Dirty weekends and personal hygiene products: the embodiment of casual sex in marketing

Research output: Contribution to journalArticleResearchpeer-review

Abstract

In the current inquiry, we propose that reminders of casual sex might lead individuals to feel physically dirty, and this would then motivate consumers to acquire and like personal hygiene products such as toothpaste, body soap, and face wash. We further test the possibility that our hypothesized effect would arise mainly for those who link casual sex with impurity. In three studies, reminders of casual sex increase liking for personal hygiene products mainly among conservative (Study 1), religious (Study 2), and individuals who see “casual sex” to be “dirty,” “wrong,” or even “immoral” (Study 3). These findings are consistent with embodied cognition, suggesting that abstract representations can effect concrete sensations. We study this possibility in a novel domain in sex and sexuality. Our work is relevant to marketers of personal hygiene products, but we situate our findings in the broader discourse of how mere reminders of casual sex might influence individuals’ choices and behaviors.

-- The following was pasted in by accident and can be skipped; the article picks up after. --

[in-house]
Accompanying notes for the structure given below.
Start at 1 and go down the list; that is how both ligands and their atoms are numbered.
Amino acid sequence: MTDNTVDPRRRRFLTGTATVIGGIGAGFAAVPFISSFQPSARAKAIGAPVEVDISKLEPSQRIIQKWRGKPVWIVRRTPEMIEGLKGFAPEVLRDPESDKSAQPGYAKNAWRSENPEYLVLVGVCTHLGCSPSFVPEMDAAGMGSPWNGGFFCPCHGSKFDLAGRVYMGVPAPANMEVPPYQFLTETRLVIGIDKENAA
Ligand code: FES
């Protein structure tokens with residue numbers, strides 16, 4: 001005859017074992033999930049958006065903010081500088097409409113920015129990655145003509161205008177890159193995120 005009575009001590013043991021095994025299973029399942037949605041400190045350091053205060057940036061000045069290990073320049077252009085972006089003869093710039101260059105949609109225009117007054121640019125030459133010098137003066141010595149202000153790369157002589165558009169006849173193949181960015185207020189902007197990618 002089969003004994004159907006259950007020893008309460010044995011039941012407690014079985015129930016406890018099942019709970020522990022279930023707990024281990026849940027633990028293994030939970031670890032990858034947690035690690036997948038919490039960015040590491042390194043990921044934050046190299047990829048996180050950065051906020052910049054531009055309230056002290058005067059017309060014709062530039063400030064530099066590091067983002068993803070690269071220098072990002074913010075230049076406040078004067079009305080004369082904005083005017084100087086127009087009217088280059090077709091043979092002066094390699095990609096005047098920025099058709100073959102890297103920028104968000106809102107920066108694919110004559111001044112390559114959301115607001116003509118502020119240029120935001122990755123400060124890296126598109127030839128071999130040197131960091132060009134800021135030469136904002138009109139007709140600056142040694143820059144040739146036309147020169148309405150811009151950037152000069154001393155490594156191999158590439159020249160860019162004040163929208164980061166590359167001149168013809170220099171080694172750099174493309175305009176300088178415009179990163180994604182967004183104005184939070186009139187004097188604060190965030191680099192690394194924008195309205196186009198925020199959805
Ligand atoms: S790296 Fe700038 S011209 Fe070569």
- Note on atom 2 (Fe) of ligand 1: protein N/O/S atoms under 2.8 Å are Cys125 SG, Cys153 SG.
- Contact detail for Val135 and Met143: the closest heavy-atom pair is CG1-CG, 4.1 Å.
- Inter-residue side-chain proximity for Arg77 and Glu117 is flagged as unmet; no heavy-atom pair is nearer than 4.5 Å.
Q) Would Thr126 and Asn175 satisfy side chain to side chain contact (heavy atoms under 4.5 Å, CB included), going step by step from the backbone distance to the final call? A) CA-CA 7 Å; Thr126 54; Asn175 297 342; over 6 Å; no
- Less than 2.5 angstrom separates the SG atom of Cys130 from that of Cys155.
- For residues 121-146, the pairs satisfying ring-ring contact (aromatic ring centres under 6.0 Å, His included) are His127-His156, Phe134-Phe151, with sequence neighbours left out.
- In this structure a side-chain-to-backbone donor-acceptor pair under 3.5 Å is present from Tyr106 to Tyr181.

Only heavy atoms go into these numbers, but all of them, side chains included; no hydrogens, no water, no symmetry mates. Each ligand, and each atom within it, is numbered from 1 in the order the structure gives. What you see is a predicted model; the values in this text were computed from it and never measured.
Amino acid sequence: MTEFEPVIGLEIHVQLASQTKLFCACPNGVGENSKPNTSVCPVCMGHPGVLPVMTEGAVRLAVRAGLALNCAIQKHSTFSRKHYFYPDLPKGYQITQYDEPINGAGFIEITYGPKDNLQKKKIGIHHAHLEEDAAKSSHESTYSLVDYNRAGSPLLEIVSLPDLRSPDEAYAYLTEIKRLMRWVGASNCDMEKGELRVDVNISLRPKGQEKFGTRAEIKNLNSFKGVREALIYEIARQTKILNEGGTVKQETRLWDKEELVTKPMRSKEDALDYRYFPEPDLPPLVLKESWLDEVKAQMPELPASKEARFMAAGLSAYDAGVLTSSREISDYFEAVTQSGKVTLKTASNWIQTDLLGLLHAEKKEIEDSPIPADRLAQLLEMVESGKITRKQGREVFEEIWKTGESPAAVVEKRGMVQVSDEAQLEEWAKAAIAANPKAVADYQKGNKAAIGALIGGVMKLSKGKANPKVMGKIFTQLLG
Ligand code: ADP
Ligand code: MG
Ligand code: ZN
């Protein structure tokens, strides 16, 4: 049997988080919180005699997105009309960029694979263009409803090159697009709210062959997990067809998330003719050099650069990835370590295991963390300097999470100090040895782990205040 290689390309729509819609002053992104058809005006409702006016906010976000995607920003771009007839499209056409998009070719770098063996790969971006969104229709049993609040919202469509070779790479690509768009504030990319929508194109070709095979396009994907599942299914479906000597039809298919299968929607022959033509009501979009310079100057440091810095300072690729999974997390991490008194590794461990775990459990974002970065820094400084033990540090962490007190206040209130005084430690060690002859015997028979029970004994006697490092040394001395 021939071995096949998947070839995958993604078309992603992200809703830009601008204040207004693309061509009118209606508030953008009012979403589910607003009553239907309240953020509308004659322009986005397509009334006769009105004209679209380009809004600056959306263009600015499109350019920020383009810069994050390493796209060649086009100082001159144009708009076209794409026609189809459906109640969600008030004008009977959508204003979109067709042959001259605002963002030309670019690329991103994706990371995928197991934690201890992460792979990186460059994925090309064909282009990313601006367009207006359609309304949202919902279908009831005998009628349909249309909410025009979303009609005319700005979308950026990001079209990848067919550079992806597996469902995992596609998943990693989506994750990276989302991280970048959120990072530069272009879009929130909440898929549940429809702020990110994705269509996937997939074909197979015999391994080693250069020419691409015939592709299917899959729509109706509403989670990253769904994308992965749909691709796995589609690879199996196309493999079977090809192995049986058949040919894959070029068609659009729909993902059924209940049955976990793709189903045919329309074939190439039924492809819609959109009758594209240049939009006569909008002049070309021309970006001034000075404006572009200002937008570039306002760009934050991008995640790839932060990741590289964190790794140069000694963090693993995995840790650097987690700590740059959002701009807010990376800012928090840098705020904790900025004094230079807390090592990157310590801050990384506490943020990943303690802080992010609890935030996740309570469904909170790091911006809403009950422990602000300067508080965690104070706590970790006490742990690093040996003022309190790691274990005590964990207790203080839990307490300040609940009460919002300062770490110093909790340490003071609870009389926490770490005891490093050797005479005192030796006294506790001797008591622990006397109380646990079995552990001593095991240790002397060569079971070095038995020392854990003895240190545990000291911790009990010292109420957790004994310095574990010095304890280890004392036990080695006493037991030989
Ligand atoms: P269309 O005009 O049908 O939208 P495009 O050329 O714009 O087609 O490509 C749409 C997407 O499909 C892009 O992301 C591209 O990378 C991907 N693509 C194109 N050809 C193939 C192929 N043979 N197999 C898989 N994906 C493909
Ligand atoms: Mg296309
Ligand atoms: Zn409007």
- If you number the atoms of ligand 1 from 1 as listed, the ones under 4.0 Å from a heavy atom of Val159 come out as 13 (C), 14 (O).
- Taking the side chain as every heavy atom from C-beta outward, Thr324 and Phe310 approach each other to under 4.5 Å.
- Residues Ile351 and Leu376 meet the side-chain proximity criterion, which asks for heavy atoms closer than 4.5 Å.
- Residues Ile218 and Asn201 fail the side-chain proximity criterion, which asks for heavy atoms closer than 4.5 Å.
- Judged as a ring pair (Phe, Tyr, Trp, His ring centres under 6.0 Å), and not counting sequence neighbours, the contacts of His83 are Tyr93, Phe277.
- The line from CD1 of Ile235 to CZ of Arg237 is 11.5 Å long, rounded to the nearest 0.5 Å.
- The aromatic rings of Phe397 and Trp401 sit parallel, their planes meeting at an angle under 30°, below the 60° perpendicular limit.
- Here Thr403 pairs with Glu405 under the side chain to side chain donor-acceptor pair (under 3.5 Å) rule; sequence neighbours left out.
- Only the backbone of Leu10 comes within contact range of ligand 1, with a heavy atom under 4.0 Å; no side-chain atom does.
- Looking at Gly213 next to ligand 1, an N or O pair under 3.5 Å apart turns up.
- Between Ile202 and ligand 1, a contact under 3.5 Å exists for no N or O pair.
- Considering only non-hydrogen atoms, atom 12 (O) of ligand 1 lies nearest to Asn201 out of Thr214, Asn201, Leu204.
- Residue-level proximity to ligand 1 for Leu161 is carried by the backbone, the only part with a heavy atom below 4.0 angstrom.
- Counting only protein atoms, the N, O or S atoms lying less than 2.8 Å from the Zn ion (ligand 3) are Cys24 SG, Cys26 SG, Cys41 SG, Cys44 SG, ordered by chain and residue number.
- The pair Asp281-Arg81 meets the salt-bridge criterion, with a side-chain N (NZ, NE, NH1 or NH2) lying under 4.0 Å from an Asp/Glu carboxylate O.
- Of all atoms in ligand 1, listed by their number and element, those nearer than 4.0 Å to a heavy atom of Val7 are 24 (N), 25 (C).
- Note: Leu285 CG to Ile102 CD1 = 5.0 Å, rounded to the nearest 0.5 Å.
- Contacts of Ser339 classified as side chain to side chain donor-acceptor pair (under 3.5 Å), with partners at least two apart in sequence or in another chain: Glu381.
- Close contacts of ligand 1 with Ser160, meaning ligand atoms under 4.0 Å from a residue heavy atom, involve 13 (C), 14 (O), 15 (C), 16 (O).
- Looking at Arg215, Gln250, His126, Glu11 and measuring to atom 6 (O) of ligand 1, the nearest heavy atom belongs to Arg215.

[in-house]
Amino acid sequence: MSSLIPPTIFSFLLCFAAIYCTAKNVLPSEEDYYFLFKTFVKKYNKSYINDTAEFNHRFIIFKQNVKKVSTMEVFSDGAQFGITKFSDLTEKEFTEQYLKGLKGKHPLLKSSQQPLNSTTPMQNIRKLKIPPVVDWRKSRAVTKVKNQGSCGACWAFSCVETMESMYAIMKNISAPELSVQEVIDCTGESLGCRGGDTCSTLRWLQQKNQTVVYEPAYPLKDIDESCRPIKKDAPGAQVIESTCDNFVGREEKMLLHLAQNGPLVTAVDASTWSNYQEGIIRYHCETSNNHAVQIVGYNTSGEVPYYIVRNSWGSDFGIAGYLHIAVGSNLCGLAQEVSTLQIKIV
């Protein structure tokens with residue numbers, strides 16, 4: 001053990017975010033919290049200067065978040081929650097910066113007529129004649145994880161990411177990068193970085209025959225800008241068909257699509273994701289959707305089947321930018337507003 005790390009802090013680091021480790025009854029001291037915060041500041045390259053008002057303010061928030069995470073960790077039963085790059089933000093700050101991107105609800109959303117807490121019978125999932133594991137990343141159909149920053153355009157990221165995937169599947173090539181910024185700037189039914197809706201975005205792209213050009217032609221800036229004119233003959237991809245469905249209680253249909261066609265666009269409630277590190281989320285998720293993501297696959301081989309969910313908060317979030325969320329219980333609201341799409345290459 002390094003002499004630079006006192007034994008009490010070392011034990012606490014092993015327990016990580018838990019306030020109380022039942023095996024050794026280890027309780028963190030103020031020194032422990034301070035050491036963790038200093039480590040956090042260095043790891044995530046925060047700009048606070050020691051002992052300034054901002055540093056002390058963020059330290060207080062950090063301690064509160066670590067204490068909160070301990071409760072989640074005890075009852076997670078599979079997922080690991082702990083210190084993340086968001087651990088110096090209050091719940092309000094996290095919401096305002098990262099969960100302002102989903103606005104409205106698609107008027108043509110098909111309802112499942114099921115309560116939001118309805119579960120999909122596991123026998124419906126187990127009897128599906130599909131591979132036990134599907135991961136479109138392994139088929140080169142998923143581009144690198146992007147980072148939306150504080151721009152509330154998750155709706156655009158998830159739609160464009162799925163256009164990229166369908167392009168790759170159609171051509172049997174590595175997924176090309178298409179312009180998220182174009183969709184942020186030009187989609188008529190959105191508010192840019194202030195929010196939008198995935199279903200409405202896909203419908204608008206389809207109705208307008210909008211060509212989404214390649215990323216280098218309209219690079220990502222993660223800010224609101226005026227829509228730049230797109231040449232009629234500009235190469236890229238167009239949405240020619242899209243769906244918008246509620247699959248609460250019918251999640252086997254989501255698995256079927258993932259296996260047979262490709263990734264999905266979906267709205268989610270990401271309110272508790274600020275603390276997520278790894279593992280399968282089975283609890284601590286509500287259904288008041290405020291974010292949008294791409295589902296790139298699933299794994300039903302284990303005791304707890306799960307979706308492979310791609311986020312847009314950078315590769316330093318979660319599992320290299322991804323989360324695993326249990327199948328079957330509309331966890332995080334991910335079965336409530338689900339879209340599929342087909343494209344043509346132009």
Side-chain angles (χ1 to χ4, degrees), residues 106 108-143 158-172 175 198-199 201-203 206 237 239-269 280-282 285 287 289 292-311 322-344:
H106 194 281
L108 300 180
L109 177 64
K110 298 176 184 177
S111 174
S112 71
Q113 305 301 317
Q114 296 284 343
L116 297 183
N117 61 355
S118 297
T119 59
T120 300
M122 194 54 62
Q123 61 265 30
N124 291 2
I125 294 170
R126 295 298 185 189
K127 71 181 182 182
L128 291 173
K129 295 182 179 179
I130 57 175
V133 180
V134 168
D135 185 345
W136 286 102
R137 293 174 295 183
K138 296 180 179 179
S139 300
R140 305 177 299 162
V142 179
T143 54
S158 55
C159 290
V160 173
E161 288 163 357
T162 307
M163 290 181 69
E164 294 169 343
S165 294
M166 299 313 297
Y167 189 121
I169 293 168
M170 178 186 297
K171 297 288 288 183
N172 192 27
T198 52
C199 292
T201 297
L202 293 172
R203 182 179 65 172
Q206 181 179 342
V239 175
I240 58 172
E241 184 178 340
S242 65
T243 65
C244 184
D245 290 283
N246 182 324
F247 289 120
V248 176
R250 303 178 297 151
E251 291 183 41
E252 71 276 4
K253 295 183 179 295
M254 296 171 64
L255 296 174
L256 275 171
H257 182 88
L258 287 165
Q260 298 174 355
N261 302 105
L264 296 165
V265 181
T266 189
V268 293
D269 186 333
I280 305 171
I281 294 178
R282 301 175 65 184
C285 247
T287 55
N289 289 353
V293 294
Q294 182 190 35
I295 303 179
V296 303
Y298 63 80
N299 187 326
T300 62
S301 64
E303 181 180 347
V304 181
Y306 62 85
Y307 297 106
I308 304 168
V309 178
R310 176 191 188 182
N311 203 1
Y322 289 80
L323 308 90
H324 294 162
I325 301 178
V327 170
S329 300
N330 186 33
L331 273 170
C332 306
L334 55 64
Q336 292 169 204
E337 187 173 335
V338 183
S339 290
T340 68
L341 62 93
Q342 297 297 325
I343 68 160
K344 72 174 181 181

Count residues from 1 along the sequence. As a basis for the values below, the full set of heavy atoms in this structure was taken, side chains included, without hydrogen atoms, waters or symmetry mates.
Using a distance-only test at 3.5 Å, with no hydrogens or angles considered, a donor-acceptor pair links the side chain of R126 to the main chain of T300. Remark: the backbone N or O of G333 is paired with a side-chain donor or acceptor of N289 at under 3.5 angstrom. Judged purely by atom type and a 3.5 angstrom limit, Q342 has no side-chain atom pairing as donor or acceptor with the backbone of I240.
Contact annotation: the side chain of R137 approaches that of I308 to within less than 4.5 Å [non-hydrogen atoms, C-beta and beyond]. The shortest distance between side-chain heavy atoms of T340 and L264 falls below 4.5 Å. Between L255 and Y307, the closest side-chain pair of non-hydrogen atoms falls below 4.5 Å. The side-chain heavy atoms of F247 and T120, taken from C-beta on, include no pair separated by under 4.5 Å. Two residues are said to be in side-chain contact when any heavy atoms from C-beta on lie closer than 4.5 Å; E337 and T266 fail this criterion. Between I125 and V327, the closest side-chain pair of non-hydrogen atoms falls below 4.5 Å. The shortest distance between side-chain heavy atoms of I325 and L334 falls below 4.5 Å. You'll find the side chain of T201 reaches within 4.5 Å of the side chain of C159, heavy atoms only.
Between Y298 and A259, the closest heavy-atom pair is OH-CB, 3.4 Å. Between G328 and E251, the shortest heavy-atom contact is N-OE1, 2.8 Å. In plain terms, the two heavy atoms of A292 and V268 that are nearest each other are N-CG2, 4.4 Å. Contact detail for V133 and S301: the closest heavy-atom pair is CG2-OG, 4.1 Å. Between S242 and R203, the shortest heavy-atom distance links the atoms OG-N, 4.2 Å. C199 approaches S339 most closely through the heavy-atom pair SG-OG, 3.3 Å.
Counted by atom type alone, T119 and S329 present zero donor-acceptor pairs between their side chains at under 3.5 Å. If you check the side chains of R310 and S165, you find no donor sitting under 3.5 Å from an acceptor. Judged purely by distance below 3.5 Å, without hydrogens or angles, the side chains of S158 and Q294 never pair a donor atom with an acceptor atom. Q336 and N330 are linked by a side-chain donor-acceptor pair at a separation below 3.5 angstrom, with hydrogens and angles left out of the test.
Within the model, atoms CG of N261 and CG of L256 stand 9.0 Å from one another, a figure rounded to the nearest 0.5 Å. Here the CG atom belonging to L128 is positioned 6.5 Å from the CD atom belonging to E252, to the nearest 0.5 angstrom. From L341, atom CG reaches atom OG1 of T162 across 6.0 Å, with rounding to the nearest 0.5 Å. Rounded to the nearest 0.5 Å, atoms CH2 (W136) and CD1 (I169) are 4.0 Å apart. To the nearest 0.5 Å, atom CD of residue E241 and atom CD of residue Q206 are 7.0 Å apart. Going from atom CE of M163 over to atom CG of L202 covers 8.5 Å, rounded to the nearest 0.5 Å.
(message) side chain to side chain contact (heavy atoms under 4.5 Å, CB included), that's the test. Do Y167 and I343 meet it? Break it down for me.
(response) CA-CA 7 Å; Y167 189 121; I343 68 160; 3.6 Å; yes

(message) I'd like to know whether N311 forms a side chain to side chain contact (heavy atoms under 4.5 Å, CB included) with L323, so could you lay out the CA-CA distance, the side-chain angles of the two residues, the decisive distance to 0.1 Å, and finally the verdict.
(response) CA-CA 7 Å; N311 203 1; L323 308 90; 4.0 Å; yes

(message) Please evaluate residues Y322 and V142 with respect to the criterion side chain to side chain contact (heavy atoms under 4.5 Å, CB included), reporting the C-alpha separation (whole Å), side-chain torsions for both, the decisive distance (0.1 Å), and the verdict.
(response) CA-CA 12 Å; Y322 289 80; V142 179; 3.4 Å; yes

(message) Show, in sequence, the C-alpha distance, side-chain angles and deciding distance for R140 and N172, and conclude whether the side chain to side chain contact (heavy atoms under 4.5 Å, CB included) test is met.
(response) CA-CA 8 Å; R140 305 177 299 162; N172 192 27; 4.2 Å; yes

Original languageEnglish
Pages (from-to)587-596
Number of pages10
JournalPsychology and Marketing
Volume36
Issue number6
DOIs
Publication statusPublished - Jun 2019

Keywords

  • casual sex
  • embodied cognition
  • impurity
  • personal hygiene

Cite this

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Dirty weekends and personal hygiene products : the embodiment of casual sex in marketing. / Chan, Eugene Y.

In: Psychology and Marketing, Vol. 36, No. 6, 06.2019, p. 587-596.

Research output: Contribution to journalArticleResearchpeer-review

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